There’s never a bad time for the Energy Futures Lab to meet, but the gathering in February in Cochrane was particularly timely. In the wake of Teck Resources’s decision not to proceed with its Frontier Oil Sands project, and in the shadow of both a national conversation over Coastal GasLink and Indigenous rights and a growing provincial one about the merits of separation from Canada, the time was right to ask some tough questions.
For as long as the EFL has existed, its work has been creating productive and solutions-oriented conversations about energy and climate as well as expanding the dimensions of what we like to call the “radical middle.” But with political polarization on the rise, and the dialogue around the energy transition becoming more binary by the day, we thought it was time to expand our reach — and our ambitions.
We are excited to announce our newest Fellows! The EFL has been steadily welcoming new Fellows since its inception in 2015. We now have over 65 Fellows from different organizations and communities to advance EFL initiatives and continue to shape the energy system the future requires of us.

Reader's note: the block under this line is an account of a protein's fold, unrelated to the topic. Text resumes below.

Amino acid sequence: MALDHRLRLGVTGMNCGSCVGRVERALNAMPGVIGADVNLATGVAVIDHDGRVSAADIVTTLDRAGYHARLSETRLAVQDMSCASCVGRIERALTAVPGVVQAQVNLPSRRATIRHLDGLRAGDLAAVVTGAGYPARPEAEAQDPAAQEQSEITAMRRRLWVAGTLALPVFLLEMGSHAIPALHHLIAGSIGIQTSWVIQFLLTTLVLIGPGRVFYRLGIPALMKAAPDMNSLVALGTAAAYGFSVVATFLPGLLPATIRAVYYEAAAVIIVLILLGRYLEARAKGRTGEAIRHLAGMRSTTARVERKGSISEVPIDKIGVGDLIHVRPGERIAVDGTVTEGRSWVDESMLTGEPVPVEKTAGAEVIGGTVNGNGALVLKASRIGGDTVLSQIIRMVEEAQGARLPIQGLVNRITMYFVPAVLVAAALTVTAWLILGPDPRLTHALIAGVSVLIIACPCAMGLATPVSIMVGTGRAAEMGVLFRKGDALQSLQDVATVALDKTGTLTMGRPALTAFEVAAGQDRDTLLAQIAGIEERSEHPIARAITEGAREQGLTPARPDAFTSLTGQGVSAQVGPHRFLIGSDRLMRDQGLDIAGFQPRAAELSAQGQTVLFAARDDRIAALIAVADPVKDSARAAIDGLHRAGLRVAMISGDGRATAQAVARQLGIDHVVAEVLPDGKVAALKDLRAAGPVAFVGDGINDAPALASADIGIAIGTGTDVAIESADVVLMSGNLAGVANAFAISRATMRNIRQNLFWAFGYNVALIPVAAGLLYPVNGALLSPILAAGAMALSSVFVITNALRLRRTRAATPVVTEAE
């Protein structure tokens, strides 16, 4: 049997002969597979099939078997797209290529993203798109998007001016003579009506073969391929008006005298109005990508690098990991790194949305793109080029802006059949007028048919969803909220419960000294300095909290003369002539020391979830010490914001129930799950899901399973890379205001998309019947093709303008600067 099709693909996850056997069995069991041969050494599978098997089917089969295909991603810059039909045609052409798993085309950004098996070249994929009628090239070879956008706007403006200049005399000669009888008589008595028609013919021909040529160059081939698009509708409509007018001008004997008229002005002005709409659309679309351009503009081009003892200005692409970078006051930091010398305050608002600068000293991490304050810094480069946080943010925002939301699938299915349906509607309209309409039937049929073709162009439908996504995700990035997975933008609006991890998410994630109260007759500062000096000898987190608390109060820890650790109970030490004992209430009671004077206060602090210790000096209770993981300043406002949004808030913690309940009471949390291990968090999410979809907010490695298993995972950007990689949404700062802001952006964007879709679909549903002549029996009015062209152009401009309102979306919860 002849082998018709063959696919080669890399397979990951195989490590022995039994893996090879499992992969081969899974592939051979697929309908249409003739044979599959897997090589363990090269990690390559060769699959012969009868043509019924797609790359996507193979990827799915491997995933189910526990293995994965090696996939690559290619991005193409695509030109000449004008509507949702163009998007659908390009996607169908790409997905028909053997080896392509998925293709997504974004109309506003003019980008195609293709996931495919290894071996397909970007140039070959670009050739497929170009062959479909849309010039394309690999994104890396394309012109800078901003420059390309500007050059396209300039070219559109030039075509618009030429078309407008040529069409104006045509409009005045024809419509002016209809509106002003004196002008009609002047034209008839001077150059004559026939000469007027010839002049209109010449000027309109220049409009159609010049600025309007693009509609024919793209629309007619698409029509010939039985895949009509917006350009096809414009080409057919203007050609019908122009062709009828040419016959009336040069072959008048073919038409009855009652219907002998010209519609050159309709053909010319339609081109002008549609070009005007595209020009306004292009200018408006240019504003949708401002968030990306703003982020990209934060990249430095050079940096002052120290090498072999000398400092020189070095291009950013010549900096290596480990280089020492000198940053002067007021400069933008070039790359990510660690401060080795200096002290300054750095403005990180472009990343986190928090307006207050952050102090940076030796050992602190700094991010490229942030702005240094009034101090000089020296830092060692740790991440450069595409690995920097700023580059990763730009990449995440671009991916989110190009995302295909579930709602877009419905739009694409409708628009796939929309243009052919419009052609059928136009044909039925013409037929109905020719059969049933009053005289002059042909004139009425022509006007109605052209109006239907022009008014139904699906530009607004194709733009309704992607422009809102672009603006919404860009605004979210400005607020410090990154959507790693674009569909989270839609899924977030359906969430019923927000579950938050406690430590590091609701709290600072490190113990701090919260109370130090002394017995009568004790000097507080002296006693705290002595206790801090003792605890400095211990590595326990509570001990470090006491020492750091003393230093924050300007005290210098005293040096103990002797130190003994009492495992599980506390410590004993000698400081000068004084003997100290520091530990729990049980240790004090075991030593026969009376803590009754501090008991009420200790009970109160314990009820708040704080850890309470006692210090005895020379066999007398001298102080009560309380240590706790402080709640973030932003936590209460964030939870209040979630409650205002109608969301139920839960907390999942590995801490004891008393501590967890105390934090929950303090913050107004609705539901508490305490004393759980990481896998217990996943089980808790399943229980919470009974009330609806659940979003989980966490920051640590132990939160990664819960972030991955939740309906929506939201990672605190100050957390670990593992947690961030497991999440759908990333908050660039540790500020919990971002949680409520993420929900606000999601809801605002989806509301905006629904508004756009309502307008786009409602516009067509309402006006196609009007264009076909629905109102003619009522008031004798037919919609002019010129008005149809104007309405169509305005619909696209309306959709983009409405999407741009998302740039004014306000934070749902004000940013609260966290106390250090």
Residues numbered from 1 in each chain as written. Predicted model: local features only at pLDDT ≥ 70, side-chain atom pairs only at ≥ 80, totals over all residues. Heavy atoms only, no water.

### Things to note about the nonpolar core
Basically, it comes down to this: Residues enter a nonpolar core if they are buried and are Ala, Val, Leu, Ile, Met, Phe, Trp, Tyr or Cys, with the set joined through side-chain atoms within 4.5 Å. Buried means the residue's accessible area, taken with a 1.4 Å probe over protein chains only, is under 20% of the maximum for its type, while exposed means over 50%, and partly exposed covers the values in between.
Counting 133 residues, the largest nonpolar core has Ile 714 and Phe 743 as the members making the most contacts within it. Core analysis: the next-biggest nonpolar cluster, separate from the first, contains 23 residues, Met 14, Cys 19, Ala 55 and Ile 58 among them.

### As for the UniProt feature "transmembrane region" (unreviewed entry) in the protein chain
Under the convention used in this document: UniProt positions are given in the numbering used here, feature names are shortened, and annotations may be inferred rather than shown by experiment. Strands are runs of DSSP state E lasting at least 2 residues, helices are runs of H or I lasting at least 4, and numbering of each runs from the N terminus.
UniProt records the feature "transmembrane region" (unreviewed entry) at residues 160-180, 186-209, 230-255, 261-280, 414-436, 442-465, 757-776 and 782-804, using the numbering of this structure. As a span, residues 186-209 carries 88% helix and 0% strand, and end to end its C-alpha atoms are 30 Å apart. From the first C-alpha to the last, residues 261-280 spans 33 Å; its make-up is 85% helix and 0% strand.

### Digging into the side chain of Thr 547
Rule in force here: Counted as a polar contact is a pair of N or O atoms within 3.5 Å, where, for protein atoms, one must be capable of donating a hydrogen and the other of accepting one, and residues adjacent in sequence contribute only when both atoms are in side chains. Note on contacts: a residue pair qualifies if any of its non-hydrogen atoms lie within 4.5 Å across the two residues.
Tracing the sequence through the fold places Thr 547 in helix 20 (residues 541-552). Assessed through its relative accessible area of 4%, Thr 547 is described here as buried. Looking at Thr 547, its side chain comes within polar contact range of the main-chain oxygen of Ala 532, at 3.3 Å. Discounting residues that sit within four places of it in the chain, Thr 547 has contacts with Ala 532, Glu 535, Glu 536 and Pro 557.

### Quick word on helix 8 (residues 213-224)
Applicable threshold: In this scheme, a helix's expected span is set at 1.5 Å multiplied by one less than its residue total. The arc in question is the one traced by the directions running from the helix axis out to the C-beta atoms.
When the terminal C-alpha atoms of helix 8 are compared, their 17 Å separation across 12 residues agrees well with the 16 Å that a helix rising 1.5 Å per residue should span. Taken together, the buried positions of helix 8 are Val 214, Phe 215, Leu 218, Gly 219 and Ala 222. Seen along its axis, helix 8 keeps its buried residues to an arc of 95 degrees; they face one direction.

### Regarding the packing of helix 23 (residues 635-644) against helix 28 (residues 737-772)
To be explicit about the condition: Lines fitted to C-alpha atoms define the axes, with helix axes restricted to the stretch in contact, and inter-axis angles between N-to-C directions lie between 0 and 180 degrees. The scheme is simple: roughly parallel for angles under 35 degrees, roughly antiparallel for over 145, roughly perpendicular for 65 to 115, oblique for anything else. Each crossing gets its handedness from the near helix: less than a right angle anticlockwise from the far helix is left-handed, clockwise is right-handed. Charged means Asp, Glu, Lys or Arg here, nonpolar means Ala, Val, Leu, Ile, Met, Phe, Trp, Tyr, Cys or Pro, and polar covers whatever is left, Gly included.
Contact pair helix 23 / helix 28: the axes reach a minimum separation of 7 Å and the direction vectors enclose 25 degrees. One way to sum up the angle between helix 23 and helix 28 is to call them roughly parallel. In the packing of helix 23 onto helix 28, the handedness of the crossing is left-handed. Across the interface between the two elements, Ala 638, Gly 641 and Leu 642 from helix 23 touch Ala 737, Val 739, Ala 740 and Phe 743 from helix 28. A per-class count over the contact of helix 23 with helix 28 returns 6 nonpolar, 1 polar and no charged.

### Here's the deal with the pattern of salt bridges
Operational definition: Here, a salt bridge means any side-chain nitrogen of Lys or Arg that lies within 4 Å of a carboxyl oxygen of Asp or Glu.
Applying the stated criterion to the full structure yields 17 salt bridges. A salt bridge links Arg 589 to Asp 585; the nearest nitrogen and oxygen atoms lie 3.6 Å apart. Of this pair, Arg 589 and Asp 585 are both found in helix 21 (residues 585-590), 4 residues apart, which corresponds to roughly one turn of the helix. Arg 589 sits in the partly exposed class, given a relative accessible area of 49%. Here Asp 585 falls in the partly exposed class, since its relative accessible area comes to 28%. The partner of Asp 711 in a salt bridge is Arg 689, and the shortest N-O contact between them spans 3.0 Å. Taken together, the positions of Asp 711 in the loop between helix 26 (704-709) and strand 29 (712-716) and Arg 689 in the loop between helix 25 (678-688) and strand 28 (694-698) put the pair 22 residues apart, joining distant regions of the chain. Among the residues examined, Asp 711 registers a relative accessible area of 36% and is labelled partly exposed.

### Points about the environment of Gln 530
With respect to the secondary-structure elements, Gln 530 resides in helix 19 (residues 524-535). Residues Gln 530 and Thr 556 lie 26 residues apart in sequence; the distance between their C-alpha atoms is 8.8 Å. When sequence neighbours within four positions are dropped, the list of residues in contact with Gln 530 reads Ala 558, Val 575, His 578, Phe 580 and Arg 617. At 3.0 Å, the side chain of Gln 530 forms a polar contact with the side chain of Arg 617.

Since its inception, the EFL has had the intention to both include Indigenous people, partners, and perspectives as well as acknowledge and address, in its work, issues related to Indigenous people’s relationships to the energy system. As we step along our Truth and Reconciliation journey, we are embracing a knowing that this aspect of our work needs to be improved and deepened if we truly intend for the Lab to represent what is possible for today’s energy system in Alberta, and beyond.
We are thrilled to share a number of connections to the recently announced Clean50 awards. David Hughes, President & CEO of The Natural Step Canada, host organization for the Energy Futures Lab, has been named as a member of Canada’s Clean50 for 2020.
Since January 2019, the EFL has welcomed 25 new Fellows and 19 Convening Partners to advance EFL initiatives and launch EFL 2.0, in which we deepen our work in Alberta and explore how to extend the Lab’s lessons and learning at a national level.
The increasing drive towards a low-carbon future is demanding that we look differently at the way we live, eat, commute, and transport goods.
Over the last month something notable happened here in Alberta that not everyone may have heard about. On December 11th, the Canyon Creek Hydro Development Act received Royal Assent, enabling the Alberta Utilities Commission to issue its final approval for the Canyon Creek Pumped Hydro Energy Storage Project near Hinton.
The Energy Futures Lab is an Alberta-based, multi-interest collaboration designed to accelerate the development of a “fit for the future” energy system. It brings together a cohort of influential leaders to address current and emerging energy challenges, and generate opportunities for new initiatives and collaborations.